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Rallying call to fight for system change at opening rally of Marxism Festival 2019

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Issue 2662
Cheering a Sudanese revolutionary at the opening rally of Marxism Festival 2019
Cheering a Sudanese revolutionary at the opening rally of Marxism Festival 2019 (Pic: Guy Smallman)

Over 800 people joined the opening rally of Marxism Festival at Queen Mary University, east London, on Thursday night. It marked the beginning of a four-day political festival hosted by the Socialist Workers Party (SWP).

This year’s Marxism comes against a rising tide of revolt against climate catastrophe across the world. In Britain there have been five walkouts by school students and a ten-day long rebellion by Extinction Rebellion (XR) brought central London to a standstill earlier this year. 

Cyrus Jarvis from the UK Schools Climate Network, called on workers and students to join a global strike for the climate on 20 September. “We want everyone here to think to themselves what does the future looks like—is it bright or is it bleak? What does the future look like, realistically, taking into account what kind of future is being built now?,” he said. 

“What would you be willing to do to secure the future?

“I want you to go back to that question of what you’d be willing to do. On 20 September we’re calling for a general strike.” 

Another major theme of Marxism 2019 will be fighting the rise of racism and the far right.

Huge applause greeted Spanish firefighter Miguel Roldan, who faces up to 20 years in jail for saving refugees from the Mediterranean. He said, “When they talk about migration being a problem of society they have no idea what these people have to go through for a chance at life.”

“These people are looking for survival. Not only do we not help them, on top of it we’re bringing up wars.”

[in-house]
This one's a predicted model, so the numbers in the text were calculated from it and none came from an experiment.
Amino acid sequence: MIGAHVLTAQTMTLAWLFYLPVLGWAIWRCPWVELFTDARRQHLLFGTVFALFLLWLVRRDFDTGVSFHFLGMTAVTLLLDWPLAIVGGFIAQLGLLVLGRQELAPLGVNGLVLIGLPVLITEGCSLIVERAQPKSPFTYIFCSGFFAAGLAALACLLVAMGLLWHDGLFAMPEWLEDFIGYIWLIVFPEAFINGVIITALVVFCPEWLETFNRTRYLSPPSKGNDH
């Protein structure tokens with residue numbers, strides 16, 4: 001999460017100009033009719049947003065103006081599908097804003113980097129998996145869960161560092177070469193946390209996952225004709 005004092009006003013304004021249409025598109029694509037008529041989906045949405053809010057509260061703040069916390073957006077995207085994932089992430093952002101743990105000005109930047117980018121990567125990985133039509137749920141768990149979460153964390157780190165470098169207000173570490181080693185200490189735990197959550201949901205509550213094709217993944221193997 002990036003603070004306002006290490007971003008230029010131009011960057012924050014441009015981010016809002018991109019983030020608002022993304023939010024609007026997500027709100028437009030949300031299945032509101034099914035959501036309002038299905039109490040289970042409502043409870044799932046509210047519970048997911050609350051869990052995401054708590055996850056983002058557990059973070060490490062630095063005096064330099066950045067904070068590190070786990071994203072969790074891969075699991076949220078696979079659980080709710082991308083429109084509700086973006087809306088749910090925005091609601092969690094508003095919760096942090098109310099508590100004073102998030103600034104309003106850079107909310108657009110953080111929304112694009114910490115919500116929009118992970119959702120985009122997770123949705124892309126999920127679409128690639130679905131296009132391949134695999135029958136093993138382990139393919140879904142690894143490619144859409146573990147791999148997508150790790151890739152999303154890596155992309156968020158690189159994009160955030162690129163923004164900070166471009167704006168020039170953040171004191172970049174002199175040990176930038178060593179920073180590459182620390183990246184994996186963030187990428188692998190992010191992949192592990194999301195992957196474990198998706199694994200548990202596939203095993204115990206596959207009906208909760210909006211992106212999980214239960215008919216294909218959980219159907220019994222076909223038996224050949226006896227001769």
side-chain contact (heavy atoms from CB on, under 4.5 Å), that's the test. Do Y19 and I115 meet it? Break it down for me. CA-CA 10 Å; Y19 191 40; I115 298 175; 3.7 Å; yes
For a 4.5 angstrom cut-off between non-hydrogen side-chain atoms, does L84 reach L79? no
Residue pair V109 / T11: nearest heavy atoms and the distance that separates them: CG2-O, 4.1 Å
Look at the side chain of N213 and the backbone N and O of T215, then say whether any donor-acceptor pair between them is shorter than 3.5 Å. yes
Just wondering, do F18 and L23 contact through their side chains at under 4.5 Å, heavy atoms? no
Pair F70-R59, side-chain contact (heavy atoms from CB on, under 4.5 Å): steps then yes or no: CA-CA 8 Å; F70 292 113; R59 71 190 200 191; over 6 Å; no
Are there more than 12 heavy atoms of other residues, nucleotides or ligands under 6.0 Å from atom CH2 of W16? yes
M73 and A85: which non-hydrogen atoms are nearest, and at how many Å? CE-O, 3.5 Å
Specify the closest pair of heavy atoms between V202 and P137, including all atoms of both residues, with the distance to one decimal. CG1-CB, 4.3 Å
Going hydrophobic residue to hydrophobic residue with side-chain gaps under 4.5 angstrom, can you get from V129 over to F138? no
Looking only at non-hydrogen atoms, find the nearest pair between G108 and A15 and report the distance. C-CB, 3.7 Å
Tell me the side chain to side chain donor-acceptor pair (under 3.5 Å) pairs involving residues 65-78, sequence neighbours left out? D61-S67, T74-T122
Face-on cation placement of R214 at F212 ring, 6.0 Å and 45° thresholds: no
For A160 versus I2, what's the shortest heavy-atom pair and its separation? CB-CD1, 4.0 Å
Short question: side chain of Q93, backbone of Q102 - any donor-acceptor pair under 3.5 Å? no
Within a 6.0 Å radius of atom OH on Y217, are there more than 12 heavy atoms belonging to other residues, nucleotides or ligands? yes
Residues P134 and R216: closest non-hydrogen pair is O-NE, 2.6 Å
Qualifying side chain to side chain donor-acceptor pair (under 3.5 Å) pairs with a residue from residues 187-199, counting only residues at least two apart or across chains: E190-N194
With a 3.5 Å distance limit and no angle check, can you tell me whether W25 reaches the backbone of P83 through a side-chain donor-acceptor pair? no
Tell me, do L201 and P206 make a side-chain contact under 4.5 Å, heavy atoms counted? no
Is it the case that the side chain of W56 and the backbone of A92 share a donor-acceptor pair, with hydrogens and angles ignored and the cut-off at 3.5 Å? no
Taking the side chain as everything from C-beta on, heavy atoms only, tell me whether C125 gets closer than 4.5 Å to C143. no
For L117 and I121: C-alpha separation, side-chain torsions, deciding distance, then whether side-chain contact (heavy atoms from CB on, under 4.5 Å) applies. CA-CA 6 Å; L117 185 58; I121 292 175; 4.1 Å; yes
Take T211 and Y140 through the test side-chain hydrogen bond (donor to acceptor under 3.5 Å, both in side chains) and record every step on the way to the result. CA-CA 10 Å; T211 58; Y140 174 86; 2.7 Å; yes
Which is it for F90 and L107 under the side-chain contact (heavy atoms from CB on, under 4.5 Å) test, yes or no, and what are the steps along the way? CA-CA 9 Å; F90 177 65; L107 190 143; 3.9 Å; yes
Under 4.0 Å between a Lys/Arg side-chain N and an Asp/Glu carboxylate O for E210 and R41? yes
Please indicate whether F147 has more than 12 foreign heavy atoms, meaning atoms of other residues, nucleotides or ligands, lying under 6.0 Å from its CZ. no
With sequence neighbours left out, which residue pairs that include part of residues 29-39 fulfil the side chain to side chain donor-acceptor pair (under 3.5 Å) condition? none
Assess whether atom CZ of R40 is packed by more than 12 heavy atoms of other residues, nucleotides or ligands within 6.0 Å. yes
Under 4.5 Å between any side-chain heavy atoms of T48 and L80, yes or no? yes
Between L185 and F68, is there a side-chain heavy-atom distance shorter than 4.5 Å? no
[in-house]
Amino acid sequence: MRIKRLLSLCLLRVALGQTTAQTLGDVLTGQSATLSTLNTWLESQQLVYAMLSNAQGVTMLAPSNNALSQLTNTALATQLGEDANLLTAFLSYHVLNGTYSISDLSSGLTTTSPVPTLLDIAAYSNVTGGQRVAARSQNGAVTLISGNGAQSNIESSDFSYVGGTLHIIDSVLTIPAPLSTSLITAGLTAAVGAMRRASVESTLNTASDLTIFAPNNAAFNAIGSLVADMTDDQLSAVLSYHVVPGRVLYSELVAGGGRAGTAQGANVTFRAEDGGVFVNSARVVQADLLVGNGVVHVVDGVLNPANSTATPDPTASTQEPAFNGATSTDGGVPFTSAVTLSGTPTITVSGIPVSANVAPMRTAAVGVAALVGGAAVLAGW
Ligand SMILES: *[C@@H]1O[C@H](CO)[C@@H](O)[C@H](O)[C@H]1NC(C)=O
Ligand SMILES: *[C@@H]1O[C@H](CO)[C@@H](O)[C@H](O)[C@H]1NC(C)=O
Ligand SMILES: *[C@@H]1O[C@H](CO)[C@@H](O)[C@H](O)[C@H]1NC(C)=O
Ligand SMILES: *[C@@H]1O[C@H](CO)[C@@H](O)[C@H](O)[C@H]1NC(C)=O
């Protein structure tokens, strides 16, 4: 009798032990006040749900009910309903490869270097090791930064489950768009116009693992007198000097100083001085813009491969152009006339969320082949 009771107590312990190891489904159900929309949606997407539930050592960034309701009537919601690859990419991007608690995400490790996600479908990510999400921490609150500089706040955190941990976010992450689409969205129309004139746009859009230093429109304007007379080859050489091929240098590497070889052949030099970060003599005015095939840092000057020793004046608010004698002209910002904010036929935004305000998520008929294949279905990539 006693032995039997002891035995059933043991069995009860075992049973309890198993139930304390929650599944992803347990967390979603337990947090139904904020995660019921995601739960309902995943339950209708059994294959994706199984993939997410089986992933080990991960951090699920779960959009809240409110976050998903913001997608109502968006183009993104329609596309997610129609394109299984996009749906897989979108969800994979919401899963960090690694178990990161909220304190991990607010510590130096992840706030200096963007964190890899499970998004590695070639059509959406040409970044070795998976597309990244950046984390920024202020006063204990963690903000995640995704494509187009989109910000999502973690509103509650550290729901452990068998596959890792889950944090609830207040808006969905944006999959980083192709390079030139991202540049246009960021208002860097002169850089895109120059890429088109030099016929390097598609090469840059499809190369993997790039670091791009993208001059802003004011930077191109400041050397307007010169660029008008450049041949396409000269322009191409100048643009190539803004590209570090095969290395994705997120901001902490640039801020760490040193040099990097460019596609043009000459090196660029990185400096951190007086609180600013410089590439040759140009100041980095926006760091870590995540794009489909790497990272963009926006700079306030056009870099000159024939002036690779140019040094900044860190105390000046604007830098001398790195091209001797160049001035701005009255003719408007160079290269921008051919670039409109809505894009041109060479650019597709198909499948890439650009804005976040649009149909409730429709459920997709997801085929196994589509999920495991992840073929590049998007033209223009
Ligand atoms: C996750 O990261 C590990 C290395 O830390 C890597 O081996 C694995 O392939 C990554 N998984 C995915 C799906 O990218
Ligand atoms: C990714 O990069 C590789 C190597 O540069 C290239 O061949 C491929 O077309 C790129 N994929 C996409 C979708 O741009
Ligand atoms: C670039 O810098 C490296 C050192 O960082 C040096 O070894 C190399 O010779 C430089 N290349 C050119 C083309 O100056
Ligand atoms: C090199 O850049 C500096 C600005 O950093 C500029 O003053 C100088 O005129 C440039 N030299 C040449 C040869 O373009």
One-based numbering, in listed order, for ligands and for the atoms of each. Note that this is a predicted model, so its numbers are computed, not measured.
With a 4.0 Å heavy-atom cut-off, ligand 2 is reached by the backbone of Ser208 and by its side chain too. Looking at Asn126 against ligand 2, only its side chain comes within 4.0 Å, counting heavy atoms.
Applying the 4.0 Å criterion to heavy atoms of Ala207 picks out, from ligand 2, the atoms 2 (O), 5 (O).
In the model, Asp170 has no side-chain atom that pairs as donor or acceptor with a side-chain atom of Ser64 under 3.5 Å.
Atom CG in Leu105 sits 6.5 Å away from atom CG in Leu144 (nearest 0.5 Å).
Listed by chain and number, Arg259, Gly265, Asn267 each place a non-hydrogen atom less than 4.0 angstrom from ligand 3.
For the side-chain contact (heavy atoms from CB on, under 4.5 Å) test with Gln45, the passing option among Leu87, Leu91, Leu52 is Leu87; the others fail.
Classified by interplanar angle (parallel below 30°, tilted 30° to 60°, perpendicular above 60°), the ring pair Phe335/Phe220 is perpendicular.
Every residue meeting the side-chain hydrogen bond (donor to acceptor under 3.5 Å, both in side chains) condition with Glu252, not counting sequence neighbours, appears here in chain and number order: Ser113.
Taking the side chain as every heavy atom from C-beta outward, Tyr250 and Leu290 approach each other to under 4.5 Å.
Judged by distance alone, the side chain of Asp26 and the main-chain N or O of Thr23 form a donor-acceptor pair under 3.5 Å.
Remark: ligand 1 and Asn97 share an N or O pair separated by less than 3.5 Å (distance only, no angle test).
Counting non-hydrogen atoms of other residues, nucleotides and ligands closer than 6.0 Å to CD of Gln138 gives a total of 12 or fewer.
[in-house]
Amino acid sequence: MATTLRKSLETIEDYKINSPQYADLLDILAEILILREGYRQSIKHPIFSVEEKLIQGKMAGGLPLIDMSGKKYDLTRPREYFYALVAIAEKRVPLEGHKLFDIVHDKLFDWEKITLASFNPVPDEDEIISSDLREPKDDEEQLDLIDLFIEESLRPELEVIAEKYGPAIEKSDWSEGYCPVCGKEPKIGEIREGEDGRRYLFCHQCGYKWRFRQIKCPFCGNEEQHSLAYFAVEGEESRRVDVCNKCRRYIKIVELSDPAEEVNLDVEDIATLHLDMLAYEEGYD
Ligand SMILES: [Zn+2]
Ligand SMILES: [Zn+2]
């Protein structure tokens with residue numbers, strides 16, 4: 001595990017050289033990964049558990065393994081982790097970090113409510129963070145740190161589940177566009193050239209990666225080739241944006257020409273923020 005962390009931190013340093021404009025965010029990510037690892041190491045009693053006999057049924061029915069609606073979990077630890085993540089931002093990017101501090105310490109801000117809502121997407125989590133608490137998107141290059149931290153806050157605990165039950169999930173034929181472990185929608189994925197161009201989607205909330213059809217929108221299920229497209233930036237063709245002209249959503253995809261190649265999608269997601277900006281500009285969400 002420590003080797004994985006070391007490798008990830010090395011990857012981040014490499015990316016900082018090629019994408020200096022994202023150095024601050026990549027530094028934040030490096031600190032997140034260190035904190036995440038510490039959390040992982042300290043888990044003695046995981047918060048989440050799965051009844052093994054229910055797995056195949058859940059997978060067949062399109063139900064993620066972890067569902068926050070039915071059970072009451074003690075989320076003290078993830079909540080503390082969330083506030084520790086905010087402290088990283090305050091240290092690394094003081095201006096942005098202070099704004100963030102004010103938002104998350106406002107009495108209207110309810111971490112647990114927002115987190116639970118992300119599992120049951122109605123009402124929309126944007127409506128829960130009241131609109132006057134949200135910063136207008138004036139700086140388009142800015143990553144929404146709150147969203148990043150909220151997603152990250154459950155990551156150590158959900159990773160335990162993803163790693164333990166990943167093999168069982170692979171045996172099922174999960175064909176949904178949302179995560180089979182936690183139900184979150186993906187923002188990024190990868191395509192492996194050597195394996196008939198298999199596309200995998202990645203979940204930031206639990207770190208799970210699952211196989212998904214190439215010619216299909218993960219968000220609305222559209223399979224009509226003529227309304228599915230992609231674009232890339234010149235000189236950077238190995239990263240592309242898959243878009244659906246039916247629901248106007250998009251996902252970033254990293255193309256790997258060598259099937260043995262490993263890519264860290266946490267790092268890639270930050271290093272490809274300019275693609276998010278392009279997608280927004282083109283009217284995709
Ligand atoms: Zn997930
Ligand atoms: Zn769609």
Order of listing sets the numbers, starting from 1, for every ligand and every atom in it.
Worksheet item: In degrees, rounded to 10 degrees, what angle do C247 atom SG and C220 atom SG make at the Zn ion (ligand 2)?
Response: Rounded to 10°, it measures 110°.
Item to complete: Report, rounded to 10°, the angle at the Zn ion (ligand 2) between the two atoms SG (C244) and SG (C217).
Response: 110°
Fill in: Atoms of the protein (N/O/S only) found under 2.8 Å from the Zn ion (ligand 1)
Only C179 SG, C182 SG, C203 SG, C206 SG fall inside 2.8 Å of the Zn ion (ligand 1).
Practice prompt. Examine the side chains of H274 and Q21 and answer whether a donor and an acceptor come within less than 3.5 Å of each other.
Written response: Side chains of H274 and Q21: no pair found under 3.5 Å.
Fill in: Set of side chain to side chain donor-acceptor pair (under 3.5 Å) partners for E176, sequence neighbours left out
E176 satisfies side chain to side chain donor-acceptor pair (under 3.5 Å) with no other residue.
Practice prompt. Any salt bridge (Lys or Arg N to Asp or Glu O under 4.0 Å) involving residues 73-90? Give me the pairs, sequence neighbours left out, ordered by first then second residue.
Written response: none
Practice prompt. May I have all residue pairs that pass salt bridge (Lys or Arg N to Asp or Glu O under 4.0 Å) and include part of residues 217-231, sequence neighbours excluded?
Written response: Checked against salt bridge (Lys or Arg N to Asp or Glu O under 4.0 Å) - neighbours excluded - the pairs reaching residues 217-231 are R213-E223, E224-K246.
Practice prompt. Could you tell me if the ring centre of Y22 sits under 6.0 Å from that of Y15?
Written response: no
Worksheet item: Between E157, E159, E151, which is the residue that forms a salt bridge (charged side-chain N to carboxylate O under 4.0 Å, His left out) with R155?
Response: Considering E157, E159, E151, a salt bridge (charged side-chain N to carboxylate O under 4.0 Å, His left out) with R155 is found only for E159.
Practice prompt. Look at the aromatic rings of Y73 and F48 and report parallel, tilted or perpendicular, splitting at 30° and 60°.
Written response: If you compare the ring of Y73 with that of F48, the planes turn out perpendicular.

“This is what I ask here—to have open-arm politics and not turn our backs on them.”

“I believe a better world can exist and if we all put our grain of sand in it, it can exist.

Melanie Strickland, one of the Stansted 15 protesters, also faced prison time for standing in solidarity with migrants. She spoke about how the group blocking of a deportation flight had highlighted the brutality of Britain’s racist immigration system. 

And she explained that it meant 11 people on the flight were granted permission to remain in Britain. “So many people have the opportunity to rebuild their lives here as a result of that action” she said. 

The treatment of refugees is part of a broader racist agenda by our rulers to divide working class people by blaming migrants and Muslims. 

Dave Muritu, UCU branch secretary at Sandwell College, was sacked after he wrote “racist” on a poster promoting Prevent. 

“The Prevent duty is a terrible ill-conceived strategy that the government uses to victimise Muslim communities in our schools, universities and communities,” he said to loud applause. 

“We’re not going to take this victimisation—we’re not going to have our victories at the college rolled back.” 

Nahella Ashraf, a supporter of Stand Up To Racism (SUTR) in the North West of England, spoke about the successful campaign to stop Nazi Tommy Robinson winning a seat in the European Parliament. “I’m really proud to say the we did completely kick him back into the gutter,” she said. 

But she warned, “We’ve seen the rise of the far right across the world and it shows how much work we have to do.”

Nahella added, “This is also a celebration of what working class people can achieve. Where else can you go where you hear about what people have achieved?” 

Lyn Marie O’Hara, Glasgow striker and Unison union steward, spoke about their battle to secure equal pay for women council workers. “8,000 workers, predominately women shut the city down,” she said. 

“The message is, if you want to have a strike, send them 8,000 Glaswegian women and that will do it.”

The opening rally heard from Venus, who spoke about the revolution that is taking place in Sudan. A mass movement toppled dictator Omar al-Bashir in April—and is now pushing for get rid of the whole military regime and win fundamental change in the face of brutal repression. 

Venus said their revolution was “fuelled by hope, anger and determination”. “I think the revolution is great—the great women of Sudan are in the forefront of the revolution,” she said. “The brave women of  have always been in the forefront of resistance.”

She added, “We demand peace and justice and I believe justice will win. I salute the revolutionaries in Hong Kong and Algeria—I salute all people fighting day and night for a free world.”

Michael Bradley of the SWP spoke about the need for workers to join the climate strike 20 September. 

“The school students have been an absolute inspiration,” he said. “But if you’re waiting for someone to repeal the trade union laws before you can take action, that’s a joke.

“I’m embarrassed that the biggest issue on the planet has been taken up by 12, 13 14 year olds and the rest sit down and give them a clap and then give them their tea.” 

Go to for more information and full timetable. The festival goes on until Sunday 


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